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In it, each dancer sat on a chair, one downstage of the other. As Smith offered up a narrative about the making of the dance and information about himself and Rein, or vice versa, they echoed each other’s words with gestures and expression that simultaneously undercut and amplified the speaker. This doubling back and erasing, as well as building and blending realities pointed to motifs defining the evening as a whole. The postmodern sensibility seen in Goode’s work took a pure dance form in KT Nelson’s flashing, squiggly dance, which seemed to briefly hold the various ambiguities and contradictions of the night in suspension with its mix of ballet, jazz and narrative gesture blended into a punchy athletic swirl.
Veering away from the self-consciousness of postmodernism, Holly Johnston crafted a sculptural whirlwind of aggression and finesse, Kate Wallick revealed her ability to craft a series of attenuated dance steps that assumed almost mythic import: It was dance that erased itself in order to transcends itself, with the dancers wearing mechanics’ jumpsuits, Dana and Shinichi Iova-Koga fabricated a nearly motionless study of butoh-inspired pointe shoes history motion that seemed almost a pool of quiet, with Rein’s naked back inching along the floor while Smith’s left hand protruded from his right side and gesticulated eloquently, Here, the movement — not the movers — reigned supreme..
Her new book, “The Haumana Hula Handbook for Students of Hawaiian Dance” presents the origins, language, etiquette, ceremonies, and the spiritual culture of this indigenous dance of Hawaii. Uchiyama has researched and studied for decades, and expresses the holistic integration of nature, body, mind of this ancient dance and life practice. Uchiyama was part of the group who began the Kumuhula Association of Northern California, and after studying under hula master Joseph Kaha’ulelio, became a master teacher.
She is the founder and artistic director of the Mahea Uchiyama Center for International Dance in Berkeley, where she teaches hula as well as Tahitian dance, and is an advocate for cultural understanding, Uchiyama speaks the Hawaiian language fluently, and has been a language pointe shoes history instructor at Stanford University, and language terms are used throughout this book, She has led numerous performance tours to Tahiti, New Zealand, and the Hawaiian islands, and has taught workshops throughout the United States, Mexico and Canada..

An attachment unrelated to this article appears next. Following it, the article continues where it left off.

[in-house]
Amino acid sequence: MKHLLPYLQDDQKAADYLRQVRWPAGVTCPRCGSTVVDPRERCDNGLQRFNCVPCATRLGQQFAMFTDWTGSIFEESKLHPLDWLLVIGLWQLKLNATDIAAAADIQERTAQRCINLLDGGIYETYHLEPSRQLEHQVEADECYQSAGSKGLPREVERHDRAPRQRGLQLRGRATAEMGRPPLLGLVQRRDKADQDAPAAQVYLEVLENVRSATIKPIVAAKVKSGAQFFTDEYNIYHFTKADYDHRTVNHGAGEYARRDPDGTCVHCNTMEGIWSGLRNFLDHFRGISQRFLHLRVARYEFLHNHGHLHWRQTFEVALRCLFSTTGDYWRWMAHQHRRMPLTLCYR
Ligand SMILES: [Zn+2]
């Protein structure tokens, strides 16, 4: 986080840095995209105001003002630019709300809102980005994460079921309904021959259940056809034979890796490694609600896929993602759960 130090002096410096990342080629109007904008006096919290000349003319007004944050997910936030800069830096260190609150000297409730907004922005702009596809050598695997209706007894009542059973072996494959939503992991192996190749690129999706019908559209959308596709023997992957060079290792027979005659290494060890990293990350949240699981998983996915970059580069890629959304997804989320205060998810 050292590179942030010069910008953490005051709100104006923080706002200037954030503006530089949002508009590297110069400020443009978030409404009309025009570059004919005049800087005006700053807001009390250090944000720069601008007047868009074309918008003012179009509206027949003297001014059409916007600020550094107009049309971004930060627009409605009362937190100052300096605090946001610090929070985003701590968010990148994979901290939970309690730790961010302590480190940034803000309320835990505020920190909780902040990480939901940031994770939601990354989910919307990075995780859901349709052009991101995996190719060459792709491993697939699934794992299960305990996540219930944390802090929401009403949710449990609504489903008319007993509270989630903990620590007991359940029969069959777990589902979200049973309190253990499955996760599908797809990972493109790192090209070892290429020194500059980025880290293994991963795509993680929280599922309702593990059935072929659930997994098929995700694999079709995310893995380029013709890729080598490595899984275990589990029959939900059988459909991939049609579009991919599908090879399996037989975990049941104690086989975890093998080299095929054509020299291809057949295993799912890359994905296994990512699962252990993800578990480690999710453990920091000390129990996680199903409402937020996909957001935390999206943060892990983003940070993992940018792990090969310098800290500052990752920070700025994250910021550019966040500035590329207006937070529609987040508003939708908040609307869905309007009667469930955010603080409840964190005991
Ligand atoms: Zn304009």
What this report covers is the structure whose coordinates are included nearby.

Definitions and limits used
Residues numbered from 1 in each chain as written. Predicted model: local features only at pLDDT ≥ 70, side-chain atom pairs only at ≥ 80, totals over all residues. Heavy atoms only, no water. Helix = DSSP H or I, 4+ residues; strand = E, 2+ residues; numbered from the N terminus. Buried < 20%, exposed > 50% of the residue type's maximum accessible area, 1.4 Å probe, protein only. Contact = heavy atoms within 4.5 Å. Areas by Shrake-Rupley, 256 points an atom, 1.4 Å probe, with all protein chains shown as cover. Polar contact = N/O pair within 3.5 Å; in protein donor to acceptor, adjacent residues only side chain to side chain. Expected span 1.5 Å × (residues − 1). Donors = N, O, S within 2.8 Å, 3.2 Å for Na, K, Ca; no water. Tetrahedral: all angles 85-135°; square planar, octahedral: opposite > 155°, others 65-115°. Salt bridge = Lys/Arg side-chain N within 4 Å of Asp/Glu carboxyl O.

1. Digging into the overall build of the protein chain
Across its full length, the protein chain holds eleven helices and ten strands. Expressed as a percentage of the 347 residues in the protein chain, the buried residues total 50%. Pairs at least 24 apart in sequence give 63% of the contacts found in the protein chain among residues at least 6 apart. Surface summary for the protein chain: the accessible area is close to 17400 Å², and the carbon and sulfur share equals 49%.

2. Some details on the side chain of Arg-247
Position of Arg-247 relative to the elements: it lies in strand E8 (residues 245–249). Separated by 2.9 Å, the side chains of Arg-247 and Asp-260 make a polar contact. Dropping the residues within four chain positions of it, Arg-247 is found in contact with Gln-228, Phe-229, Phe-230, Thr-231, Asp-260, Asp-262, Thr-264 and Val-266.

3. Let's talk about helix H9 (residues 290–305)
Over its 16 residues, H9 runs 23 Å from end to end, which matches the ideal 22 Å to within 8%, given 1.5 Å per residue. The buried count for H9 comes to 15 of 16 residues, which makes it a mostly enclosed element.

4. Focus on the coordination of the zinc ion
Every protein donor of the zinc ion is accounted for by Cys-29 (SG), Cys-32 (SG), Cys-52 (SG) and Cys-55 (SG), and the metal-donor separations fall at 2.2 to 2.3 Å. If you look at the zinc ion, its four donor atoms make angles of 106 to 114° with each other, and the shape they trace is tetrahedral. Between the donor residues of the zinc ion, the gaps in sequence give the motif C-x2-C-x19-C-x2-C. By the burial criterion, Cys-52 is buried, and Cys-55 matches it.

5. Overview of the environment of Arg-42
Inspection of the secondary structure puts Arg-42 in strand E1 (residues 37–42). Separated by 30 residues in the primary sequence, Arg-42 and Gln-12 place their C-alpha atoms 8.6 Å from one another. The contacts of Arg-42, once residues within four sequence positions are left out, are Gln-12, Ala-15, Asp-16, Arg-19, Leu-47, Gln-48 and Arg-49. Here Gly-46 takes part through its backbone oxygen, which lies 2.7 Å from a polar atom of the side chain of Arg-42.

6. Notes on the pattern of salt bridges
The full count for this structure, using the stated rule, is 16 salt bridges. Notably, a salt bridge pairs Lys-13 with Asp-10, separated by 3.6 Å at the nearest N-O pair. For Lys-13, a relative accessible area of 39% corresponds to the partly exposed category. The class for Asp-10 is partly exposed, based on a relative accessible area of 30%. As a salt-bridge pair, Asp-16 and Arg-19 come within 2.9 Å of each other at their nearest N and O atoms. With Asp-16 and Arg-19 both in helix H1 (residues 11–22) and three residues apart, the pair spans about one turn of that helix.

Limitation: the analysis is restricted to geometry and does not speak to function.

Her album, “A Walk by the Sea,” was awarded the Hawaii Music Award for Best World Music Album. She graduated from the University of Hawaii in dance ethnology. “I was not born into the tradition of hula. I am of African and Native American (Cherokee) descent, and was born in Washington, D.C., during the start of the Civil Rights Movement,” she said. “My early training was in ballet for nine years at the only school enrolling African-American youth, the Bernice Hammond School of Dance.
“At age 12, my mother found a teacher, Maile Baker, and through her I began the study of hula,” Uchiyama continued, “Hula is a form of sacred dance, where movement, poetry, and prayer aren’t separate, “For pointe shoes history most people, hula is seen only in the context of tourist resorts or movies,” she said, “I wanted to write a book for students of the dance that revealed the true intention of this dance form, and kept its deep connection to the land, water, vegetation, wind, sky, dreams, family and our ancestors, I didn’t want this practice to be misrepresented, Hula is an inclusive art form and welcomes students of all nationalities.”..
Dancers Kawekiu Aki and Malina Mo were accompanied by Uchiyama on Hawaiian ukulele and I pu here gourd, with her husband, Kevin Farey, on guitar and ukulele, and Alan Aki on Hawaiian and Tahitian ukulele. The first dance presented was “Ua Pue” and dates back to the arrival of the non-Hawaiian people to the Hawaiian islands. The second dance and song presented was entitled, ‘Ulupalakua” and comes from the island of Maui. This dance and song told of gathering breadfruit that grows in the mountains, and how the men carried this on their backs to their families.
The third dance and song presented was “Tuahine” or sister rain, This is the special rain that falls in the Manoa Valley on Oahu, It is a legend of a beautiful and spiritual woman who died an untimely death, She became the rainbow and her father became the mountains, and her mother became the rain, The fourth dance and song presented was” Ka Uluwehi O Ke Kai ” and told of the practice of gathering seaweed from the ocean early in pointe shoes history the morning, The closing song presented was entitled, ‘Ohana,” or “family” in Hawaiian..